The Union Cabinet on Wednesday approved a Rs-425 hike in the minimum support price, or MSP, of pulses for the 2016-’17 kharif season. This brings the cost of pulses from Rs 5,000 to Rs 5,225 per quintal, The Times of India reported. The government usually alters MSPs of commodities at the onset of the sowing season to protect farmers from any steep fall in prices.
The Centre’s move to raise the MSPs by at least Rs 200 per quintal is seen as part of efforts to push farmers to cultivate more pulses. This is the second consecutive year that the price was hiked because an acute shortage in domestic production has not allowed for a drop in the price of pulses. The proposed hike in MSP for paddy was merely Rs 60 per quintal, which further confirms the central government’s intention of ensuring that farmers find the cultivation of pulses more profitable.
Besides the hike, the Cabinet Committee on Economic Affairs also approved a proposal to allocate an additional 62,307 tonnes of food grains to Tamil Nadu, Kerala and Nagaland every month as part of their public distribution system to supply through ration shops, as these states have yet to implement the food law. The National Food Security Law allows 5 kg of subsidised foodgrains for each person person every month, at a price of Rs 1-3 per kg, for up to two-thirds of India's population, according to PTI.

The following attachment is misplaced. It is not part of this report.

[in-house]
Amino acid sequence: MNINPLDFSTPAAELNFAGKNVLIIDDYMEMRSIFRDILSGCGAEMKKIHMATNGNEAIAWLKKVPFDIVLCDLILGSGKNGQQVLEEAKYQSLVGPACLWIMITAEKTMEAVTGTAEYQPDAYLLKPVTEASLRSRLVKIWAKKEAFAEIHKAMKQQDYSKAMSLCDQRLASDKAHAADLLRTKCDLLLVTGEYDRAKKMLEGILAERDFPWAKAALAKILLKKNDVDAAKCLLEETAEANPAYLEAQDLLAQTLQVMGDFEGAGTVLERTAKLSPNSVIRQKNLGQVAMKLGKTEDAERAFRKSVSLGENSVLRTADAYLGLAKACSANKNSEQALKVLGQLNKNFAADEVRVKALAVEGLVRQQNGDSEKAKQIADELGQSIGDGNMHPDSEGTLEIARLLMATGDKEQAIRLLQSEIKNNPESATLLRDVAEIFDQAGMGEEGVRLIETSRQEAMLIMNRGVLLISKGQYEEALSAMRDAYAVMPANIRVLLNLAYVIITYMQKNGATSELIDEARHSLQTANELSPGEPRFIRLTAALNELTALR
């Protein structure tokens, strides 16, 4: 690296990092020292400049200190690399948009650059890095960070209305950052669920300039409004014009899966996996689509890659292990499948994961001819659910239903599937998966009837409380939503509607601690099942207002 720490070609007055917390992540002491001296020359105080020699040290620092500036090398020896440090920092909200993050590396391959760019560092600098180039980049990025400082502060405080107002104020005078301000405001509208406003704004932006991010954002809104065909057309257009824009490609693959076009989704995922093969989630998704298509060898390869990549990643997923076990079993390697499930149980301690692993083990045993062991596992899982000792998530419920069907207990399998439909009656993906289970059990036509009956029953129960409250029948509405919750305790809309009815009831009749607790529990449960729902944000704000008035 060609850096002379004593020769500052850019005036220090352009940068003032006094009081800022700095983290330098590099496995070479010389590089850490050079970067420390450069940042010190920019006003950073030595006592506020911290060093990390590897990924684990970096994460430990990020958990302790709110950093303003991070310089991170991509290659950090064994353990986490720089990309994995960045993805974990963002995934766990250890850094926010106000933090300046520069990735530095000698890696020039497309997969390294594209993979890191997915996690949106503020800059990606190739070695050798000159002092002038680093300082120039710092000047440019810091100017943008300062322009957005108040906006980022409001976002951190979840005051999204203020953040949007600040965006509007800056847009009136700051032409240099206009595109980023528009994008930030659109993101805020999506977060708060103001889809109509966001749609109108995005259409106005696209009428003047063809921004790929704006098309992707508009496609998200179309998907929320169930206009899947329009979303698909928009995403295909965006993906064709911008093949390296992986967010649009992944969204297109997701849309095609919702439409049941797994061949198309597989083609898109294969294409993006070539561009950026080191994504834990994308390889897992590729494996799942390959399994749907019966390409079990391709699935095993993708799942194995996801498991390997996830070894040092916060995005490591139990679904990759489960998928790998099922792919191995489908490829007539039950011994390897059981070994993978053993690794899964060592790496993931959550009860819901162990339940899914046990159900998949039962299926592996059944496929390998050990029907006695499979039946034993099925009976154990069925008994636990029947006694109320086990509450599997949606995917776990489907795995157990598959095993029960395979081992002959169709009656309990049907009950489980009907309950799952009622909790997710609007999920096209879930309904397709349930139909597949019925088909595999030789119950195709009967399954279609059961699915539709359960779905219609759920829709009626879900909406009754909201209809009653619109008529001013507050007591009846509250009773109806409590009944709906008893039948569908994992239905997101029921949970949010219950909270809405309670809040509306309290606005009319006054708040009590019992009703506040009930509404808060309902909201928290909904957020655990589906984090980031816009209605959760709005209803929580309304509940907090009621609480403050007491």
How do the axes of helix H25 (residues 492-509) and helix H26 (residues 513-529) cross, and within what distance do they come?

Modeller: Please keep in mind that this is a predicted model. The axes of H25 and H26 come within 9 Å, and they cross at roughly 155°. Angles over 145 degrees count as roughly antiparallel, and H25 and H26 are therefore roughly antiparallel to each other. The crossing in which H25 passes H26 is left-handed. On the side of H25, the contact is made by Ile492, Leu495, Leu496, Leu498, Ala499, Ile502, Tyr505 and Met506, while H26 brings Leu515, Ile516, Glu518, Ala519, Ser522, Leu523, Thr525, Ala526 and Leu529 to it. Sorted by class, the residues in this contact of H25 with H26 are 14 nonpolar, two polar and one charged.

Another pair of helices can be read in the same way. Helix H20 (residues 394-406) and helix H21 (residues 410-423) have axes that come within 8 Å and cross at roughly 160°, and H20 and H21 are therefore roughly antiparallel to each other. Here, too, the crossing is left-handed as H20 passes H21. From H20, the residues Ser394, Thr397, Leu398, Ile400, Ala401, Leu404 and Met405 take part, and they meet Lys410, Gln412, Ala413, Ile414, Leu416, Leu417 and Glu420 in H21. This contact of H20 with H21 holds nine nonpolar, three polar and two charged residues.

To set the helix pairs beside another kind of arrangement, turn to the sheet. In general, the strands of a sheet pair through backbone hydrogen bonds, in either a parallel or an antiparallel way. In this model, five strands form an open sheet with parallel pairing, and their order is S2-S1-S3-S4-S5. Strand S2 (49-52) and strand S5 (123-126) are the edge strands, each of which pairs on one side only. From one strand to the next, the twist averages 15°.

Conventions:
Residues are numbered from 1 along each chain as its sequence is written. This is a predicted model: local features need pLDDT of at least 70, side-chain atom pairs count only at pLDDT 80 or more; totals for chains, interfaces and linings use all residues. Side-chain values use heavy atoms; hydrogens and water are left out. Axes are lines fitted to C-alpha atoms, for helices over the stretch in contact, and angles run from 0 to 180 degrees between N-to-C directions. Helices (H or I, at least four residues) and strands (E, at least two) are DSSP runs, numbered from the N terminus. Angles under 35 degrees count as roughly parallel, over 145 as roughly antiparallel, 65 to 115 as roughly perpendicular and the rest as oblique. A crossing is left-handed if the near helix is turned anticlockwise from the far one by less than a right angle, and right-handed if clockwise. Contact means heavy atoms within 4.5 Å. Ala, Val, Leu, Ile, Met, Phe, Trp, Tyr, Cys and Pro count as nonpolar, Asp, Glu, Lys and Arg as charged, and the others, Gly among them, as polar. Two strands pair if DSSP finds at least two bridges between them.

The Agriculture Ministry had reportedly recommended higher hikes than those suggested by the Commission for Agricultural Costs and Prices, officials said. While the CACP had suggested a Rs-200 hike per quintal in the price of arhar dal, the ministry had asked for a hike of more than Rs 200 hike per quintal. The CACP had also proposed an increase of Rs 150 per quintal in the MSPs of both moong and urad dal. In June 2015, the MSPs for the arhar and urad varieties of dal were increased by Rs 275 per quintal, and that of moong was upped by Rs 250 per quintal.